The Old McDaniel Hermit Place: Odd Apparitions and Missing Persons

Lucasville, Ohio (image courtesy of Google Earth)
In December of 1896, Scioto County, Ohio would see one of its oddest, and least explainable, reports of an apparition. While presented as a sort of ghost story, it doesn’t fit your typical haunting. In fact there are some elements that seem more akin to modern Bigfoot sightings, such as late night screams and vocalizations, and others that seem to indicate an abduction or disappearance.
You can’t even begin this story without addressing inconsistencies in the early reporting. While some sources list the story as first appearing in the December 14, 1896 issue of the Portsmouth Times, a review of microfiche in the local history department of the Portsmouth Public Library reveals the story actually ran in the December 16 issue. If only this were the end of the confusion, but this story leaves more questions unanswered than answered. What we do know is that the events of the evening in question began at the home of a Mr. Henry Crowe. In addition to Henry, others in attendance that evening included Flora Crowe, Henry’s brother Frank Crowe, Frank’s son James Crowe, an “estimable young belle of Scioto County fame” named Clara McCorkle, and at least one other unnamed man. After an evening of singing, playing, food, and revelry they departed for home, not more than a mile and a half from Henry Crowe’s home.
About a half mile from home, however, while climbing a hill they encountered “a strange and weird apparition of immense size”. The group was so startled and afraid that they never could rightly describe what they saw, only that in their fear they departed with great haste and one individual of their group, the unnamed man who took flight first, was not seen again that night or the next day, prompting them to offer a reward for any information concerning his whereabouts. This despite the fact that they attempted to follow after and locate their friend. The paper notes that “(t)hey reached home about morning, almost scared unconscious and suffering from nervous excitement”.
This was not the first time, according to the report, that strange things had occurred in the area. The lands nearby the “Old McDaniel Hermit Place” had been the location of “weird cries and frightful sights” in the past. Reports from past tenants included being awakened from their sleep by “groans and death like agonies” and seeing “headless men roam about the yard during the hour of midnight”, and as a result the home had “been unoccupied for seven or eight years”. As a result it had the reputation of being haunted and home to “those same blood-curdling and thrilling sights”.
It would be easy to chalk it up to a night of revelry and overactive imaginations were it not for the disappearance of the conveniently unnamed young man and the offer of a reward for information on him, or the fact that Frank Crowe was so shaken by the events he attempted to organize “a company of ‘brave men’ to find out what (the apparition) is and its wants.”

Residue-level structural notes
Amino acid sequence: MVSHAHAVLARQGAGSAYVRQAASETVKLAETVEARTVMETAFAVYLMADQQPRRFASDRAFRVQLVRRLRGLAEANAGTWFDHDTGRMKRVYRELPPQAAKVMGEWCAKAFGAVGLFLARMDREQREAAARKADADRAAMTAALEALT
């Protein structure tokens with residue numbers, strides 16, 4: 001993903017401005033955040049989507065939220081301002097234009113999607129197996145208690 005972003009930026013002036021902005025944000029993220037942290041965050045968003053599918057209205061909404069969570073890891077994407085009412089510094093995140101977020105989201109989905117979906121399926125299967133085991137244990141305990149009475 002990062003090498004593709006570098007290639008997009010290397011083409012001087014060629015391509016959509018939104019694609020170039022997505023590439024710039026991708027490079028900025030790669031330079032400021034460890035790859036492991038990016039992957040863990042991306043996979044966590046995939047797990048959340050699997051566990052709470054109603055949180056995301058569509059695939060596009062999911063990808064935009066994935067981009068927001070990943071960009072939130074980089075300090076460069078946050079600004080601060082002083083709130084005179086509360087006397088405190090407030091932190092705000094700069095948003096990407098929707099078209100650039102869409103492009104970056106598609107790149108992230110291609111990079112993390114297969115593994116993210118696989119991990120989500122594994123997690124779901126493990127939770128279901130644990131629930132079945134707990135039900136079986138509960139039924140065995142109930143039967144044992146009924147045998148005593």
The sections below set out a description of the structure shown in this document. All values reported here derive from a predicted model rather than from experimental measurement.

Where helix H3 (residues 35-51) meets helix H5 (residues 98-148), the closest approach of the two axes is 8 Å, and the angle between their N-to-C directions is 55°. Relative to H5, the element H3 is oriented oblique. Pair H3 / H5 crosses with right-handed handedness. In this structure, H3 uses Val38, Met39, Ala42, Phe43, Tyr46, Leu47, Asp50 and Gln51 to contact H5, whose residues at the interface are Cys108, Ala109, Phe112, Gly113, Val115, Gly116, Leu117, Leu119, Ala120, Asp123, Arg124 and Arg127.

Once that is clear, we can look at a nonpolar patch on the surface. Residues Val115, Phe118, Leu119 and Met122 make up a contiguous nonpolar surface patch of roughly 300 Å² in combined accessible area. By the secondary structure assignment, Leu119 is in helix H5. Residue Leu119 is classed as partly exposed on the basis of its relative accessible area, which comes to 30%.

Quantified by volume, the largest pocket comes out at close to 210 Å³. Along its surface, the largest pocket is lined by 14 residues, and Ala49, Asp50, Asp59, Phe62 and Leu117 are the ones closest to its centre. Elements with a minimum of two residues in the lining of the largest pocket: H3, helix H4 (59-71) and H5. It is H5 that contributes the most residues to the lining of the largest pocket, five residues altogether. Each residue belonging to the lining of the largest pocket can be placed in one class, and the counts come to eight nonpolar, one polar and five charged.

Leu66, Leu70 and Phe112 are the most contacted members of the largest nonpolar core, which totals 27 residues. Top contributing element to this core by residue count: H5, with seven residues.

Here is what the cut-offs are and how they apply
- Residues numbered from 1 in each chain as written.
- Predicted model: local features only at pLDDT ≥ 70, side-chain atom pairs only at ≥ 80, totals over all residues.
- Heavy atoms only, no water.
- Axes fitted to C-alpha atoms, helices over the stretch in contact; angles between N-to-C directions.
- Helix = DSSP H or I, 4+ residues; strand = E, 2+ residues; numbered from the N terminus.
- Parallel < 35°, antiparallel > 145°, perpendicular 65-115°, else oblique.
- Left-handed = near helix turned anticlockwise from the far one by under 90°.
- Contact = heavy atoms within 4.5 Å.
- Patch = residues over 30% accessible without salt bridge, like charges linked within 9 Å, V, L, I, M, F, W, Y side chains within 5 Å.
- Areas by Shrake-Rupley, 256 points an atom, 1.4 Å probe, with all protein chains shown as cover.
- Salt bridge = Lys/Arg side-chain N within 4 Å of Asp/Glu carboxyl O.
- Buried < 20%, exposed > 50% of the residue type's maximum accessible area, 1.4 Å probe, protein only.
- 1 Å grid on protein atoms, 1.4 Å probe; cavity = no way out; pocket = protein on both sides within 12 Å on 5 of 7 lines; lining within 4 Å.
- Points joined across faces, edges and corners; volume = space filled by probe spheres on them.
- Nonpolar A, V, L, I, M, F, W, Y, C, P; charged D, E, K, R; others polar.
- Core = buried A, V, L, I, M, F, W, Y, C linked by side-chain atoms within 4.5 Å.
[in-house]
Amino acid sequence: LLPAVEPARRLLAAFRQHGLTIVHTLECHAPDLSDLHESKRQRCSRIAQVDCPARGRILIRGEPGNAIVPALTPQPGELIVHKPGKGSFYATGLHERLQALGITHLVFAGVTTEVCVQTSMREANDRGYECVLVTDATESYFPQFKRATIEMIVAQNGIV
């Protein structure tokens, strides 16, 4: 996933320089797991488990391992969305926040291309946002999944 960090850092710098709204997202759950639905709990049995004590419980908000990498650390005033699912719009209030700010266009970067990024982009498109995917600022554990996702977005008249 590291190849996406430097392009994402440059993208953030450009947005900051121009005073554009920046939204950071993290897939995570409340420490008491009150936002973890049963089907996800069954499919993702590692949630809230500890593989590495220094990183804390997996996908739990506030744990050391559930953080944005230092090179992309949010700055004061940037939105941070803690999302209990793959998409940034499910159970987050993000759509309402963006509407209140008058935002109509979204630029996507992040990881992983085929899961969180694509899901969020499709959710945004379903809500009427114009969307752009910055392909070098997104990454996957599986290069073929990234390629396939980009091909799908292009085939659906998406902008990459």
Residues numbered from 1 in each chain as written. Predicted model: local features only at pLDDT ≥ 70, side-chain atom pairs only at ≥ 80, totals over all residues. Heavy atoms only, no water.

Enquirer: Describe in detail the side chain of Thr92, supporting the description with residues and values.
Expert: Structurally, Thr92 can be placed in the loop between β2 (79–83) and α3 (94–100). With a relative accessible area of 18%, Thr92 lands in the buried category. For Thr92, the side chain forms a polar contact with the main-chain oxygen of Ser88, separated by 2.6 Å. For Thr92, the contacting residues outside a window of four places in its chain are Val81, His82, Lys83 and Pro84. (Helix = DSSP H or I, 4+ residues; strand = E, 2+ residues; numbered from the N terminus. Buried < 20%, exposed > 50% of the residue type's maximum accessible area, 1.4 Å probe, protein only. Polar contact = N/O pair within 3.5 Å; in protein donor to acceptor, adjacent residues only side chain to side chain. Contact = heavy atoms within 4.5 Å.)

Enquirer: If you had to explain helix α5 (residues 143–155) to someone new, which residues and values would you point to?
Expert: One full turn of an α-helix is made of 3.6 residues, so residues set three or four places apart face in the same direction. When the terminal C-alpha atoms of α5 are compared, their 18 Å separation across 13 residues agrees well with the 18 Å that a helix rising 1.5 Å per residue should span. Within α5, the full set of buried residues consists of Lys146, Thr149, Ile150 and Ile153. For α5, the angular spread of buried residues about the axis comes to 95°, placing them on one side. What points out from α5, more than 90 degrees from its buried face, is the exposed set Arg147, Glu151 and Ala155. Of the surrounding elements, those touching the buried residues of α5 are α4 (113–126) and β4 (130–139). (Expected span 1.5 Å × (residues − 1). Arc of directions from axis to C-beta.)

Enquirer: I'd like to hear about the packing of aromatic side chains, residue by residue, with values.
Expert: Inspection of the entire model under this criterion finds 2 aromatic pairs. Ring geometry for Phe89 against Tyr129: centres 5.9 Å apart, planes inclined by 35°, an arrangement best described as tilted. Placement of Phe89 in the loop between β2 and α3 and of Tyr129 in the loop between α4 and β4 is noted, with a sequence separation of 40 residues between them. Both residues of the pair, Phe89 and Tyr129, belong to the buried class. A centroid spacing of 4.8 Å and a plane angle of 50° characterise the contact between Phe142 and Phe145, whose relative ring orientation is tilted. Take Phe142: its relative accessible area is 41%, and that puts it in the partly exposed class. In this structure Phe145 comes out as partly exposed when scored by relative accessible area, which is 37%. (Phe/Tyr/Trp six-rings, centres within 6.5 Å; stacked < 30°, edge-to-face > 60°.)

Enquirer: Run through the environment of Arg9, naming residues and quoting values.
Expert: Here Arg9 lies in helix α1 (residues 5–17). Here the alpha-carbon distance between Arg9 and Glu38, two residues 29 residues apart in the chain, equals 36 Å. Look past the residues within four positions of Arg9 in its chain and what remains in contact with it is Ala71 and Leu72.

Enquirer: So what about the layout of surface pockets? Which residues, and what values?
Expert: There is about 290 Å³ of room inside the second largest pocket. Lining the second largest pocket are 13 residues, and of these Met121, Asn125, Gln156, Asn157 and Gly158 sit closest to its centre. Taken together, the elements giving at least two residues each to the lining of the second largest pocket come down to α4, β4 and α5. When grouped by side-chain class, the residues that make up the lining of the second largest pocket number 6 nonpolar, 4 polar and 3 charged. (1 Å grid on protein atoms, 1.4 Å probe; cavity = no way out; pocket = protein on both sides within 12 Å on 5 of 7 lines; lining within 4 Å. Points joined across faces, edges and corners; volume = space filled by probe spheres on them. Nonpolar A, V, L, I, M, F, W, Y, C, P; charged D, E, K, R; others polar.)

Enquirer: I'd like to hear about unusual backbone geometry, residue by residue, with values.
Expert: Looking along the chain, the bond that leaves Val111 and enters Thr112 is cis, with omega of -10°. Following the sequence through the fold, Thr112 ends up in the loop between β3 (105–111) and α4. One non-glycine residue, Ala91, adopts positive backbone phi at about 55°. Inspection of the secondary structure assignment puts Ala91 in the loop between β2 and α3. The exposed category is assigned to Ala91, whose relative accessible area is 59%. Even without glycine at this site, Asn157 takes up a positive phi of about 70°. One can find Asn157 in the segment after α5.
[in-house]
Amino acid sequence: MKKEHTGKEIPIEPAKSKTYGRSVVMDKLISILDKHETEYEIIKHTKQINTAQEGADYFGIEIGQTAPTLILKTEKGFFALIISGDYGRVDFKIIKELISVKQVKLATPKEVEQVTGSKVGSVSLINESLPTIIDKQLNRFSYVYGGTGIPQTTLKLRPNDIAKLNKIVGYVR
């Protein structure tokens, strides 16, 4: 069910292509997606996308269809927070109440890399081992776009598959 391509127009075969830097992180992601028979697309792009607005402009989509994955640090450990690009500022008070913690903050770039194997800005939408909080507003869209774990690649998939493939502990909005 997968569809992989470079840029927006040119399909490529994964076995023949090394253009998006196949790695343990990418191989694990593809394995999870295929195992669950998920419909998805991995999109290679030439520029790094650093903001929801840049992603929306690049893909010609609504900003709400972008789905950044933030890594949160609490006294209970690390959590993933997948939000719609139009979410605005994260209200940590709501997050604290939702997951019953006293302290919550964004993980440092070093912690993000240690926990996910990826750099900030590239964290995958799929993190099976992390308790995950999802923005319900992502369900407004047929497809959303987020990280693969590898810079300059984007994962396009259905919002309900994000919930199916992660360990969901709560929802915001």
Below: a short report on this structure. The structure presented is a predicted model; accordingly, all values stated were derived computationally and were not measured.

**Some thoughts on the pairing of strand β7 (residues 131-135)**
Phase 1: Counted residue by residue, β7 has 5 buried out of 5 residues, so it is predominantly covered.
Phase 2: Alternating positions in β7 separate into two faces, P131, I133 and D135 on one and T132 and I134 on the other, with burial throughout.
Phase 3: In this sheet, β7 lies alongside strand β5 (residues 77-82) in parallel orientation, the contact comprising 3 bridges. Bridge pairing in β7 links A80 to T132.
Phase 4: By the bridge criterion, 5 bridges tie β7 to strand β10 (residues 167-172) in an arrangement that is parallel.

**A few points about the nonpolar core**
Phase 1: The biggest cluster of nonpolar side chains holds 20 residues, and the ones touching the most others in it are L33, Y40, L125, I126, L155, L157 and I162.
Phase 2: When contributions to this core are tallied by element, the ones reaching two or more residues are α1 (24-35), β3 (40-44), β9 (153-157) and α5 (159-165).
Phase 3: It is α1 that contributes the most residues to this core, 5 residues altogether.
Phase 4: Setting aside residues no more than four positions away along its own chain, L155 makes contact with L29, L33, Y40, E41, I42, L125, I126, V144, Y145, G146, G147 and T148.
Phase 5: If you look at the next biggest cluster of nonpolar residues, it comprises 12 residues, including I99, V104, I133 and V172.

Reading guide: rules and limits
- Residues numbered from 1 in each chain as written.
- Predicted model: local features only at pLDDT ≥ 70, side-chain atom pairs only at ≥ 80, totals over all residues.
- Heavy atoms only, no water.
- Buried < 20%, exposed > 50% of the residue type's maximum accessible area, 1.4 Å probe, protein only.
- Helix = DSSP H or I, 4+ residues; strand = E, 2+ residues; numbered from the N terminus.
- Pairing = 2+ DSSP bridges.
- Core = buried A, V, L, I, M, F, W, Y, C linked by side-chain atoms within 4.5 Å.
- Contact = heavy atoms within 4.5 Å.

But if we don’t accept the stories of headless men and moaning spectres at face value, what is it that the Crowe family and their friends encountered that evening? Students of Bigfoot lore will immediately recognize aspects of the case that bring that mythical beast to mind. In addition to the “immense size” of the apparition, the reports of “blood-curdling” screams and cyclical nature of the sightings, occurring as they were “at intervals”, will be familiar to those who have studied Bigfoot vocalizations and the potentially migratory nature of the beasts that seem to make them show up in some areas at regular intervals, perhaps in search of seasonal food items as they become available. As for the disappearance of the unnamed man, the story of the late Albert Ostman, a Canadian prospector who claimed to have been abducted and held for six days by a family of Bigfoot in 1924, might come to mind. Others will be reminded of the modern phenomenon of UFO abductions and may find the story of the “apparition of immense size” harkens more to encounters like the Flatwoods Monster; and the area between Lucasville and Minford, Ohio, where the McDaniel Hermit place was said to be, also has another tale of UFO sightings and strange entities associated with it. Still others may remember the story of David Lang, the Tennessee farmer who disappeared into thin air, in full view of his wife, children and two other witnesses as he strolled across a field in 1880, never to be seen again.
While we may never know if Ostman was telling the truth, if the Lang story is real or a hoax, or exactly what happened to the Crowe family that night in 1896, strange and unexplained things continue to happen to this day. They continue to carry certain similarities, whether attributed to Bigfoot, UFOs, or ghosts. They continue to draw our interests and fascination. So, next time you are out at night, alone or in a small group, keep your eyes open and your ears tuned to what is happening in the dark and hidden places around you. You never know when you might see a headless man, or hear the sound of blood-curdling screams piercing the night.

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(A previous version of this story ran in The Scioto Voice newspaper as part of the River Valley Myths & Legends series.)


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